iOS 4: 10 things to know

6. iBooks comes to the iPhone

While we in the UK were slightly underwhelmed by the iPad announcements of the iBookstore (not least because we're not getting it over here yet) it doesn't mean it's not a good thing that Apple is expanding the functionality of the service to the iPhone.

In true Apple style, users will be able to buy an iBook from one place, be it the iPad, iPhone or somewhere else, and see it across platforms without needing to buy it again.

You'll also get full cloud-based synchronisation, meaning you don't need to lose your place should you leave the iPhone and want to continue reading on the iPad.

We're still not totally sold on the idea of eBook readers, but if they are to succeed, it's elements like this that will give them the boost they need - cross platform synchronisation is key.

You also get a free copy of Winnie the Pooh with the new iPhone iBookstore - we know, we don't really care either.

7. Guess what? No flash still

Those of you waiting patiently for Flash to appear on the iPhone/iPad shouldn't hold your breath - Steve Jobs still seems dead against it.

Despite the increasing clamour for Flash (and Java) integration into the platform since the launch of the iPad, when questioned about the possible addition Jobs was pretty terse.

Asked whether Apple's position on Flash or Java would change, Jobs replied a flat: 'No', showing that it seems there's no thaw in sight for that frozen spat.

8. iPad widgets on the way?

It was a brief mention in the Q&A at the end, but it seems we might be getting widgets to fill that vast expanse of screen real estate on the iPad.

When questioned about why Apple decided against widgets on the iPad interface, the reply was pretty comical: 'We shipped it on the Saturday, and we rested on the Sunday'.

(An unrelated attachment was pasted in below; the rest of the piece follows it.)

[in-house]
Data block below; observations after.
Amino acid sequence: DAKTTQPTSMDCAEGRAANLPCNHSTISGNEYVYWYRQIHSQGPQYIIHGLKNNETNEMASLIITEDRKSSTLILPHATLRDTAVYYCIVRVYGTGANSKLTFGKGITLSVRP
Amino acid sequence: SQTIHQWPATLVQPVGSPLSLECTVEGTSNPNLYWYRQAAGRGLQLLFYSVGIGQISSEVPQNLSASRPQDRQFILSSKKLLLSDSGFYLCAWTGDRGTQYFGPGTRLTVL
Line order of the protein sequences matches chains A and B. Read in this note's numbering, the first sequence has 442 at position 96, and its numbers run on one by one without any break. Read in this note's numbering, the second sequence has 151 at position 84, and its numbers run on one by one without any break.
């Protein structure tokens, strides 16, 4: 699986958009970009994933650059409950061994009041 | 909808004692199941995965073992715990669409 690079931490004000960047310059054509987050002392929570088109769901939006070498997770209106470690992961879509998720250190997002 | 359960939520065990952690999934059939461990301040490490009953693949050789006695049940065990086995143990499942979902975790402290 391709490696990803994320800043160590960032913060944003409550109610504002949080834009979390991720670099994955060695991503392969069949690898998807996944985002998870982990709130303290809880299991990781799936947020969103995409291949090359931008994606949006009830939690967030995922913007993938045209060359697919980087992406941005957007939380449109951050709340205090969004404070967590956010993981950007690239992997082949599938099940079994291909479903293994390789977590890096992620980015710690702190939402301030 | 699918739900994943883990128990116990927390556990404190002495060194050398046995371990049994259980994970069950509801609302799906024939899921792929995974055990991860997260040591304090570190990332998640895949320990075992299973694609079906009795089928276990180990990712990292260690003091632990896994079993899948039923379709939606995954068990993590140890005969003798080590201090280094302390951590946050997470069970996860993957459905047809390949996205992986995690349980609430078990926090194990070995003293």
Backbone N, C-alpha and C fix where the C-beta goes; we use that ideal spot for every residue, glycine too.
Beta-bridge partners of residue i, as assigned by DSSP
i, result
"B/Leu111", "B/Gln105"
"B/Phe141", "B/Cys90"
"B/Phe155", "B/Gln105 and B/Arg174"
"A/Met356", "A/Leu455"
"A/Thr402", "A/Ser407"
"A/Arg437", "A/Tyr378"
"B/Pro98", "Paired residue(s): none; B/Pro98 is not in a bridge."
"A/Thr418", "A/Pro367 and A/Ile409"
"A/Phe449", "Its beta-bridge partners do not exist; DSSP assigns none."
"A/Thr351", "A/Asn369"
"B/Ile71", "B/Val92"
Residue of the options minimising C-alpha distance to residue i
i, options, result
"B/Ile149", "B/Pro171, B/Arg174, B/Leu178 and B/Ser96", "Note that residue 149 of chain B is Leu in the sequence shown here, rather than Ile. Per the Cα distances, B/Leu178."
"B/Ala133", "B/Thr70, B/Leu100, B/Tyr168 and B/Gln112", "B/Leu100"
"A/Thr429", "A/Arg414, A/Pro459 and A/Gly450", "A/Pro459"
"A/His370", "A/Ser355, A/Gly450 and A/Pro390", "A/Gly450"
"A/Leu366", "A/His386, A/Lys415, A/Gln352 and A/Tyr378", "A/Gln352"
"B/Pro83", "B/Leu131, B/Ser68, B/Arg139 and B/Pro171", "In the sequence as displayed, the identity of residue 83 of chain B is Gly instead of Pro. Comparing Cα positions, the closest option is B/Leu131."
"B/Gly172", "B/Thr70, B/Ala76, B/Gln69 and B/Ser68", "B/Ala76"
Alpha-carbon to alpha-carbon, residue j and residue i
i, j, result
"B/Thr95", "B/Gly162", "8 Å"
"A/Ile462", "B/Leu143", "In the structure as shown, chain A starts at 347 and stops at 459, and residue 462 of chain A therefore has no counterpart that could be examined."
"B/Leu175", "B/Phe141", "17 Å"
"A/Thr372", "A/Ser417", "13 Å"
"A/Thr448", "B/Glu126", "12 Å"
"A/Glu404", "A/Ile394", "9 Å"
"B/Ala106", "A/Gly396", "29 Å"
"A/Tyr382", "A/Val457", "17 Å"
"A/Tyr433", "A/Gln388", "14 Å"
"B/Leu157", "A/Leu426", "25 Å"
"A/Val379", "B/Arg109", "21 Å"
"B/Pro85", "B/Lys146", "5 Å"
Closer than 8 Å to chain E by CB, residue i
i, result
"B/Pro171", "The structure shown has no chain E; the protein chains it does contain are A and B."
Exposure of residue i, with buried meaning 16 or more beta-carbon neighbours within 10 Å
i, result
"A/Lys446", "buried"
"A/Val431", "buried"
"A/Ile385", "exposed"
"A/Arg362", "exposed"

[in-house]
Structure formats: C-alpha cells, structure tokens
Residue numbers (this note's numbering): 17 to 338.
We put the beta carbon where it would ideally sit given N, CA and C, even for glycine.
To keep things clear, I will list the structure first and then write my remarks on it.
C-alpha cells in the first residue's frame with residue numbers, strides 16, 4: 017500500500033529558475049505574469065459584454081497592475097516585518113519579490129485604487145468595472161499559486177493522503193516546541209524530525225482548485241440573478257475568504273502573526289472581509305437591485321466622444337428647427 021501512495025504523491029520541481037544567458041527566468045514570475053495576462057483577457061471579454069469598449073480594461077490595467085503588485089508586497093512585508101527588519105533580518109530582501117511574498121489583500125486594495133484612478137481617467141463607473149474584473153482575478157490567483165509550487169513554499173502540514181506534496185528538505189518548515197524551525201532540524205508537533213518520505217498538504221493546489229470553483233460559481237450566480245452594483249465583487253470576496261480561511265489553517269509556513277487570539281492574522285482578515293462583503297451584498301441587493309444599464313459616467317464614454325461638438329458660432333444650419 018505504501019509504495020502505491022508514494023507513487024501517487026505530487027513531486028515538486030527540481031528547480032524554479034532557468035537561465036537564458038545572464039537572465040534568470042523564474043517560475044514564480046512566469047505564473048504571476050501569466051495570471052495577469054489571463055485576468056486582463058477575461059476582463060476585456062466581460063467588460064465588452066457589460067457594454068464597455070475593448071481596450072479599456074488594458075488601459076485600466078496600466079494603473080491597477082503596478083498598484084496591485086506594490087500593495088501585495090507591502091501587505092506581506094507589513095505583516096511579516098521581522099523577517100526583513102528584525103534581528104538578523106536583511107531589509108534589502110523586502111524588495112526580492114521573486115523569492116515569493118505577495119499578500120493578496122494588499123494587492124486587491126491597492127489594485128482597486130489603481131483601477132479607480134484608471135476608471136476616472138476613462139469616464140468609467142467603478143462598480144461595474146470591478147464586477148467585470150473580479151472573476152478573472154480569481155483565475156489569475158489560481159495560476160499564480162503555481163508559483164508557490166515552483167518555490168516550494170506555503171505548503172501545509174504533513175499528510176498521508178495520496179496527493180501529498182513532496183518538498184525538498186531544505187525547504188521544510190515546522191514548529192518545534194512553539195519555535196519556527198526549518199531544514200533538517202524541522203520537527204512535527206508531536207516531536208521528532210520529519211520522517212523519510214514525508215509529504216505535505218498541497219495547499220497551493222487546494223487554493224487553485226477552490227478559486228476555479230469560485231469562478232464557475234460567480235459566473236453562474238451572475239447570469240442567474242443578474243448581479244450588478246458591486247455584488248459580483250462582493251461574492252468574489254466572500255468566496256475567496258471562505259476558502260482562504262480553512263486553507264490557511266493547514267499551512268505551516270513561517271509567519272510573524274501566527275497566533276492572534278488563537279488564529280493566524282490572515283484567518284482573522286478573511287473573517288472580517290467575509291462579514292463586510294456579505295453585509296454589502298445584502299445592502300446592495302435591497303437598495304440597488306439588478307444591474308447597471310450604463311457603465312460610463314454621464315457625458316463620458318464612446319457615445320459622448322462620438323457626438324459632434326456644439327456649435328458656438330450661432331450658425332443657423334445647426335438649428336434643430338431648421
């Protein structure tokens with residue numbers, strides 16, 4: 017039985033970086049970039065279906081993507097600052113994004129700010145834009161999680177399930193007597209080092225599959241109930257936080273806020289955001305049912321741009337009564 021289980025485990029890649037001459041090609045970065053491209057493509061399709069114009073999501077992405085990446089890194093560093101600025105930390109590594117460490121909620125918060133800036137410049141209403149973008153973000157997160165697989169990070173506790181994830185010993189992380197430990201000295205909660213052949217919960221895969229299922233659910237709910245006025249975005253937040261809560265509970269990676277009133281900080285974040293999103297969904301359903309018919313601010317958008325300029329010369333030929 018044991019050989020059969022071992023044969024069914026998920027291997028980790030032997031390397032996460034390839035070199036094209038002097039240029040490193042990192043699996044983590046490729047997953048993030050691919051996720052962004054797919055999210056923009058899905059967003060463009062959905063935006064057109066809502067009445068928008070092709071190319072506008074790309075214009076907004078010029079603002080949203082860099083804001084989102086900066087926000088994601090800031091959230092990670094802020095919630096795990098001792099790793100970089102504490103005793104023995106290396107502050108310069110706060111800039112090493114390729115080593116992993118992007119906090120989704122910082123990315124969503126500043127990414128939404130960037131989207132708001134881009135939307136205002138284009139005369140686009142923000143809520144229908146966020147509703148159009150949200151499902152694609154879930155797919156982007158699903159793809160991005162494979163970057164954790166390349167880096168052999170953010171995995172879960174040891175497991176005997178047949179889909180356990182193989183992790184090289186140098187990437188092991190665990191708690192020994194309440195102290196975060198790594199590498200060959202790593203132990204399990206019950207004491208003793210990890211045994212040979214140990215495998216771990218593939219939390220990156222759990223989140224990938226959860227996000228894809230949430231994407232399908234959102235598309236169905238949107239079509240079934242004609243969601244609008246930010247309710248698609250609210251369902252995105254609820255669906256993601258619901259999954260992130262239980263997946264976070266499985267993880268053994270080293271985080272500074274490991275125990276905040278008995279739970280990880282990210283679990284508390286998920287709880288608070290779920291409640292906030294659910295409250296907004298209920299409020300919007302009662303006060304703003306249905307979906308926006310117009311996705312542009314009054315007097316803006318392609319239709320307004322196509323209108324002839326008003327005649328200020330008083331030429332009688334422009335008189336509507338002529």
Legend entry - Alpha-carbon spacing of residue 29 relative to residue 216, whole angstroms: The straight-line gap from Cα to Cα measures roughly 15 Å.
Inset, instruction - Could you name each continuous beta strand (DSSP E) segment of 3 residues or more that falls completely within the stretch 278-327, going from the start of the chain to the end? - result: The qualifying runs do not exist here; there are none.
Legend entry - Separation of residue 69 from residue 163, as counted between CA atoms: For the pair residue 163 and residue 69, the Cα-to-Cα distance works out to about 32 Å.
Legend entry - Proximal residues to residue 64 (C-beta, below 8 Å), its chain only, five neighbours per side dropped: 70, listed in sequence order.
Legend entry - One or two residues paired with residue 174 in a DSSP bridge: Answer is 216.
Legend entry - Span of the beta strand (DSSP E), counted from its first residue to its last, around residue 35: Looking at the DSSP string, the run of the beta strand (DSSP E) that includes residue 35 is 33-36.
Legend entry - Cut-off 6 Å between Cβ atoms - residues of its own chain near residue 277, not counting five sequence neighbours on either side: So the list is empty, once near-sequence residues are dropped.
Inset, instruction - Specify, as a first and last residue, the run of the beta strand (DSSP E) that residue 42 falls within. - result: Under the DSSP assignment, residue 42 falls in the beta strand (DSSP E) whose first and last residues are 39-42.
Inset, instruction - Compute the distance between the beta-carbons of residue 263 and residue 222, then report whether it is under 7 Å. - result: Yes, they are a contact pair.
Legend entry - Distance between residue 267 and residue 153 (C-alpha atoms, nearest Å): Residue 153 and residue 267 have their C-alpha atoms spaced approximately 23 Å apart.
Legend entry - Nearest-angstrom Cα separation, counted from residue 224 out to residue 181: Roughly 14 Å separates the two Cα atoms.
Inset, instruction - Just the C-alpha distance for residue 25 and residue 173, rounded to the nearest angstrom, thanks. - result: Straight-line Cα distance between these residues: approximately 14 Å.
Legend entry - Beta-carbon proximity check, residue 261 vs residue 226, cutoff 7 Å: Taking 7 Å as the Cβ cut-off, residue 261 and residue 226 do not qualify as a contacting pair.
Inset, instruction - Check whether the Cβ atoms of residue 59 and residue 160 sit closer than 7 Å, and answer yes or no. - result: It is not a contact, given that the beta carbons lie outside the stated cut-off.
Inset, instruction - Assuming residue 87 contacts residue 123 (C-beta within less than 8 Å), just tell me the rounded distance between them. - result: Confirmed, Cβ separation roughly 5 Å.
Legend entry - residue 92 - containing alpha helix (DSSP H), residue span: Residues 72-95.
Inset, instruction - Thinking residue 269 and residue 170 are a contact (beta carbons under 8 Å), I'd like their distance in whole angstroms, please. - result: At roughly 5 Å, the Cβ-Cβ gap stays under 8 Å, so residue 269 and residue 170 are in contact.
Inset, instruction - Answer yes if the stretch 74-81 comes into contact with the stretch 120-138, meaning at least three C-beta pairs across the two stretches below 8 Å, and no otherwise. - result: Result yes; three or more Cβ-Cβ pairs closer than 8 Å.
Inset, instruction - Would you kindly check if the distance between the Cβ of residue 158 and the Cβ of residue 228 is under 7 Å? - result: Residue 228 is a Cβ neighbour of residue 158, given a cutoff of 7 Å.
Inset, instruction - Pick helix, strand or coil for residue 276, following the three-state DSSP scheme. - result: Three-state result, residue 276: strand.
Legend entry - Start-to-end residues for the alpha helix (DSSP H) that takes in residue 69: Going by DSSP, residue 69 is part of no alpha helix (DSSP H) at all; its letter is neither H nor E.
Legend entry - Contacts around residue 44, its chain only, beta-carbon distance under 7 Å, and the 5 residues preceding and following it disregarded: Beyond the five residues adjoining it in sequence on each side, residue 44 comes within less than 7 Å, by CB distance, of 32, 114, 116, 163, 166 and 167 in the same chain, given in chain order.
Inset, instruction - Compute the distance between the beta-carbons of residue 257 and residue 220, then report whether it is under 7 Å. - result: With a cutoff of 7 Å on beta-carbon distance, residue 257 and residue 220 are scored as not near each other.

When pushed further on whether this meant widgets could appear in the future, the retort was 'Everything is possible.'

Given the high-powered abilities offered with the new iOS 4.0 upgrade, also coming to the iPad, we can't help but feel widgets would be a great differentiator for the iPhone's bigger brother.

9. More love for enterprises

It's probably the least sexy element of the release, but hey, it's still very important given the amount of businesses out there using iPhones.

Apple will be offering increased data protection, wireless app distribution (so IT guys can decide what you should be using and multiple Exchange accounts to make all your business suit people out there more efficient.

Add into that SSL VPN support (crucial for a number of users and sorely missed so far) and an upgrade to Exchange Server 2010 mean that the iPhone is now that little bit more relevant in the boardroom.

10. A later iPhone launch than usual?

Jobs sprang a possible surprise on us with the announcement of the release date for the iPhone 4 firmware - it will be coming in the 'summer'.

Looking at last year's timings, the 3.0 firmware was announced in mid-March, the iPhone 3GS unveiled on 8 June and the firmware launched on 17 June, two days ahead of the iPhone 3GS launch.

We're a month later than that already this year, and while a mid-June launch for the new iPhone (if we're getting one at all) would still be technically summer, we're starting to wonder if Apple is looking more at July or even August for a possible launch.


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Gareth Beavis
Formerly Global Editor in Chief

Gareth has been part of the consumer technology world in a career spanning three decades. He started life as a staff writer on the fledgling TechRadar, and has grown with the site (primarily as phones, tablets and wearables editor) until becoming Global Editor in Chief in 2018. Gareth has written over 4,000 articles for TechRadar, has contributed expert insight to a number of other publications, chaired panels on zeitgeist technologies, presented at the Gadget Show Live as well as representing the brand on TV and radio for multiple channels including Sky, BBC, ITV and Al-Jazeera. Passionate about fitness, he can bore anyone rigid about stress management, sleep tracking, heart rate variance as well as bemoaning something about the latest iPhone, Galaxy or OLED TV.